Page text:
C’mon Get Happy: Buy Time, Not Stuff
A new study conducted at Cornell University suggests that spending money on experiences (family vacation, massage, guitar lesson) rather than stuff (new flat screen TV, iPhone, set of china) actually can make consumers happier. A line graph would look like this: happiness resulting from spending on experiences increases over time, while happiness resulting from spending on things plummets over time, and can actually make a person less happy than they were to start.
One of the reasons for this phenomenon is that it’s easier, for example, for me to try to quantify and compare my level of enjoyment of a new TV to your level of enjoyment of your new TV than it is for me to compare the value I get out of a family vacation to what you got out of yours. Experiences are by nature unique – that’s where much of their value lies – whereas one can always agonize over other, better TV deals that might have been had. People are more likely to make quick, confident decisions about how to spend on experiences than on stuff - and more likely to be increasingly happy about those decisions over time.
At first glance, this seems like a sustainable notion – I’ll get more out of a self-fueled hike (or guided bird watching tour) than a natural resource and carbon-heavy new computer – but is it really? What if I fly from New York to Colorado for the hike? What if my idea of a great family vacation is Disney Land? Perhaps the study’s eco-takeaway is that we could all stand to take greater notice of that place on the spending spectrum where low-carbon and experience-buys overlap – a hike closer to home, a local music concert, a picnic in the park. Who knows, we might even wind up happier for it.
It feels a bit anti-American right now to suggest buying less stuff – goodness knows our government has tried to jump-start the stalled consumers in us all – but a simple walk in the woods could be just what the doctor ordered.
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Research by neuroscientists at MIT's Picower Institute for Learning and Memory helps explain how the brain regulates arousal.
The big day has come: You are taking your road test to get your driver's license. As you start your mom's car with a stern-faced evaluator in the passenger seat, you know you'll need to be alert but not so excited that you make mistakes. Even if you are simultaneously sleep-deprived and full of nervous energy, you need your brain to moderate your level of arousal so that you do your best.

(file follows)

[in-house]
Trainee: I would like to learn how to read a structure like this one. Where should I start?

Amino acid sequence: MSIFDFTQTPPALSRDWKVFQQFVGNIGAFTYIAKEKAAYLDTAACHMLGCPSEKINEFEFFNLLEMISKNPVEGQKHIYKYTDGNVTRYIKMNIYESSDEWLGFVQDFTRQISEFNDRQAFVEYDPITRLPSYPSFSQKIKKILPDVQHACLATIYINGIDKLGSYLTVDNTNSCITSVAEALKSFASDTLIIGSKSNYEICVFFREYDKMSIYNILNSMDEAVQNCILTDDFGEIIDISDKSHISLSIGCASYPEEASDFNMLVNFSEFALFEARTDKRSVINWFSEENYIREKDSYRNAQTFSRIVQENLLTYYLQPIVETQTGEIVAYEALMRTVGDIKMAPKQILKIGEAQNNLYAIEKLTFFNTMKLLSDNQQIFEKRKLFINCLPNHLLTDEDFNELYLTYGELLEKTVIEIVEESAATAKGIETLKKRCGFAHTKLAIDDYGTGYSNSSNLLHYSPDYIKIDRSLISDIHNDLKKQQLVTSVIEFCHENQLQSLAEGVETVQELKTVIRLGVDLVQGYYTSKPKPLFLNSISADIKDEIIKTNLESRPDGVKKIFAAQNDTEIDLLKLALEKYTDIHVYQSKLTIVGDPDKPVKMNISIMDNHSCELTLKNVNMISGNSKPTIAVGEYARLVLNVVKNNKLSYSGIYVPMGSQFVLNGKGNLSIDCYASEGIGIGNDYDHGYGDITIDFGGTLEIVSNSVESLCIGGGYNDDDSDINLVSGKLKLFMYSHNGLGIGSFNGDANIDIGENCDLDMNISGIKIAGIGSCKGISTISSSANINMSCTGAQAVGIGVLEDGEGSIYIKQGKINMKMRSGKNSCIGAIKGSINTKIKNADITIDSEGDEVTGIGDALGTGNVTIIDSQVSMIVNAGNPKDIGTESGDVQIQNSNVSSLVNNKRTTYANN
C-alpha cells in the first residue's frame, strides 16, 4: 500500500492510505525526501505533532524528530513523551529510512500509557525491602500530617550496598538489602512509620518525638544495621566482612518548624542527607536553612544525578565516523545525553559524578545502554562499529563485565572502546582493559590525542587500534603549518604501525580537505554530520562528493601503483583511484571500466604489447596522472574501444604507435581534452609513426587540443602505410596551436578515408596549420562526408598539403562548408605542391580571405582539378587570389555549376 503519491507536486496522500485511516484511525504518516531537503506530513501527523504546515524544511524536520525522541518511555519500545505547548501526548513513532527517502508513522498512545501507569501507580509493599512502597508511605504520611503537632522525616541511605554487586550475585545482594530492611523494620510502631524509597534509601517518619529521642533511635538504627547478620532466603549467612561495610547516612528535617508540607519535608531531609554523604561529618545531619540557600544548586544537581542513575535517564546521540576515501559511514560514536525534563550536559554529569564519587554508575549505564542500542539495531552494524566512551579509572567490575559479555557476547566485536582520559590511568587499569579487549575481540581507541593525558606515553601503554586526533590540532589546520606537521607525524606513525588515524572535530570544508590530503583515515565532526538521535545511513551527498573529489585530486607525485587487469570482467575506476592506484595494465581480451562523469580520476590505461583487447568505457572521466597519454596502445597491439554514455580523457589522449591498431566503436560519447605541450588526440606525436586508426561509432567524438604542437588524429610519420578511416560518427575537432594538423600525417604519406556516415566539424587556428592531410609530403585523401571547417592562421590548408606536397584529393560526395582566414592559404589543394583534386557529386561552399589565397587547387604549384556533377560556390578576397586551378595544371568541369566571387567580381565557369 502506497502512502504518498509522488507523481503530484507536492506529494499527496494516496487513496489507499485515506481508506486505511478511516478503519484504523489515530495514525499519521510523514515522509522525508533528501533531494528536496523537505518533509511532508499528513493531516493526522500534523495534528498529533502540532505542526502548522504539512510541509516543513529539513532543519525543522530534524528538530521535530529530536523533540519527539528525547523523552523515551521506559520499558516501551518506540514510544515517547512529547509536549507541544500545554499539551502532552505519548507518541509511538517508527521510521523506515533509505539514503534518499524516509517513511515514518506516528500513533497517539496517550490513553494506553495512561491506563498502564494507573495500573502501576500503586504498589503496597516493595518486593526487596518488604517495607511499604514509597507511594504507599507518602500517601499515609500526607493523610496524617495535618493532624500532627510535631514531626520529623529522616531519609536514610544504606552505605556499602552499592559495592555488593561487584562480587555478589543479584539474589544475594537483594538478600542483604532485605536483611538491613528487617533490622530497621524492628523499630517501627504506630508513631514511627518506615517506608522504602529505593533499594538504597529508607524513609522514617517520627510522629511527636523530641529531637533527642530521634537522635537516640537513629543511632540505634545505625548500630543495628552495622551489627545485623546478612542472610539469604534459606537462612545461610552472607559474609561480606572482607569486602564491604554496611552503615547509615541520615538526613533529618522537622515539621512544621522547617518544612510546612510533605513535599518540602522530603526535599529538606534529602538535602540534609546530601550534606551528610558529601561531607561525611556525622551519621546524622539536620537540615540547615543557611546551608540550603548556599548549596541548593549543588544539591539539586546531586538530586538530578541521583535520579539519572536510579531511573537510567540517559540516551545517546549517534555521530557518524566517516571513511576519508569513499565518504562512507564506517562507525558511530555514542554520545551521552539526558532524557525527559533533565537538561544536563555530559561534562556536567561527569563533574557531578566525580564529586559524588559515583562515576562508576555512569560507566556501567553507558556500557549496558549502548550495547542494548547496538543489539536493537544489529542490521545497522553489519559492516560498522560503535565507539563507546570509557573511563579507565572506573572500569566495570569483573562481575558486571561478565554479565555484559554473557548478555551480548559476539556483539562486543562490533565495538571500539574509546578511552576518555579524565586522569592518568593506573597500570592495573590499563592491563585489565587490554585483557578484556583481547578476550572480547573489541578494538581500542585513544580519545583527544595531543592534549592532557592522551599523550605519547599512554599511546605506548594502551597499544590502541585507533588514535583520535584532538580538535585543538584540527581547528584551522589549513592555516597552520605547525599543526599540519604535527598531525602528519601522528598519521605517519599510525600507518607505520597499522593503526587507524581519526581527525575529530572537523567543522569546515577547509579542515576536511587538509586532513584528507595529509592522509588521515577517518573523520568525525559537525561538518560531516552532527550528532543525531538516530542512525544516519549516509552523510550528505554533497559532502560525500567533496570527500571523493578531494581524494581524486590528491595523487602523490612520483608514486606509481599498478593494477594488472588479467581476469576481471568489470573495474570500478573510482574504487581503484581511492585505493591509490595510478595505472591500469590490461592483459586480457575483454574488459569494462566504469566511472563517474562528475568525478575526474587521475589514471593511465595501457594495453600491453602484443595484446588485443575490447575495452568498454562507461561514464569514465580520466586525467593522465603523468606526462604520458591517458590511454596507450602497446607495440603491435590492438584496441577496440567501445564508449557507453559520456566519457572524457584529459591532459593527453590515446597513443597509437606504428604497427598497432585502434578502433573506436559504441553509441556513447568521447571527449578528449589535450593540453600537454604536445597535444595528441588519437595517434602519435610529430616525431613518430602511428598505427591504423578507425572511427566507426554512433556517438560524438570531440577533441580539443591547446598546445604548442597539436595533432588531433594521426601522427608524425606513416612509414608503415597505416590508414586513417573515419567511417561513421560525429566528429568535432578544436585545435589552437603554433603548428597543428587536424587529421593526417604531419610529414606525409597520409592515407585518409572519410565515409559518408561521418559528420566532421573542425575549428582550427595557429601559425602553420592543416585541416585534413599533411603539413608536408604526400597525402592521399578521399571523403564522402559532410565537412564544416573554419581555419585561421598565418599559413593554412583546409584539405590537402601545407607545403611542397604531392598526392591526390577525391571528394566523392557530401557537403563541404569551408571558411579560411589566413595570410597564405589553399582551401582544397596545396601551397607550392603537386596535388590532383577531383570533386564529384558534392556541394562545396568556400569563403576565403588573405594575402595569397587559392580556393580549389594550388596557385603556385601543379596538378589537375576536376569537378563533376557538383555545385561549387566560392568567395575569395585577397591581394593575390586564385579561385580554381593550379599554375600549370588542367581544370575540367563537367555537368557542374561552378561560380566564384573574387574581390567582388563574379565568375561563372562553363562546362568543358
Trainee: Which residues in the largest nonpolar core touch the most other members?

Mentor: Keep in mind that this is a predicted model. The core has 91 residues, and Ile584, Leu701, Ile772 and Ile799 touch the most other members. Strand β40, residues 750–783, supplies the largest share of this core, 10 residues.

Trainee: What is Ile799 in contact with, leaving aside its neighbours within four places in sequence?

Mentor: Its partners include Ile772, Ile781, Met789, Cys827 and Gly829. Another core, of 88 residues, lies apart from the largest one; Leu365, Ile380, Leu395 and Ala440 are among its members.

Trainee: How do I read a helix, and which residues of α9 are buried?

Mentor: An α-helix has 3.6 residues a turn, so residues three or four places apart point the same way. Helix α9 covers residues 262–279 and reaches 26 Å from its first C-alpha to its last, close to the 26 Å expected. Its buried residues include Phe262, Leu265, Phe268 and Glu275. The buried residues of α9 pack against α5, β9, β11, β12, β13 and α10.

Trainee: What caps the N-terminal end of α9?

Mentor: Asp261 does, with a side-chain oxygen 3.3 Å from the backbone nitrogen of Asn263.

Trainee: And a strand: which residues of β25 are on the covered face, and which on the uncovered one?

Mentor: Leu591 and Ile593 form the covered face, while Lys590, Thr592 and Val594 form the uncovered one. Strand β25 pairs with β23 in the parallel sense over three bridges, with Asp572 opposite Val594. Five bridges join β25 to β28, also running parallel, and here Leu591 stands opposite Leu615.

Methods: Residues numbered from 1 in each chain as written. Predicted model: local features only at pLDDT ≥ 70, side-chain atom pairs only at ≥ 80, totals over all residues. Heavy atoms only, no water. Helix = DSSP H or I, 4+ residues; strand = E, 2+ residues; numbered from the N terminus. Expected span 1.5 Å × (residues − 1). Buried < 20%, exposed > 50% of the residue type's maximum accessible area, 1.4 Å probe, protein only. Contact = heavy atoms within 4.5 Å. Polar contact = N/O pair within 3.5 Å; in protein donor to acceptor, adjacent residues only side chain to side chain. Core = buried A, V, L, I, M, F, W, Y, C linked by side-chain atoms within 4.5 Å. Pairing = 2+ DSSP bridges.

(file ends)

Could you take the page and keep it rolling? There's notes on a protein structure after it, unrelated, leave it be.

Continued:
A disturbing interview given by a KGB defector in 1984 describes America of today and outlines four stages of mass brainwashing used by the KGB.
- Bezmenov described this process as "a great brainwashing" which has four basic stages.
- The first stage is called "demoralization" which takes from 15 to 20 years to achieve.
- According to the former KGB agent, that is the minimum number of years it takes to re-educate one generation of students that is normally exposed to the ideology of its country.
When these companies compete, in the current system, the people lose.
- When a company reaches the top of the ladder, they typically kick it away so that others cannot climb up on it. The aim? So that another company can't compete.
- When this happens in the pharmaceutical world, certain companies stay at the top of the ladder, through broadly-protected patents, at the cost of everyday people benefitting from increased competition.
- Since companies have worked out how to legally game the system, Amin argues we need to get rid of this "one size fits all" system, which treats product innovation — "tweaks" — the same as product invention.
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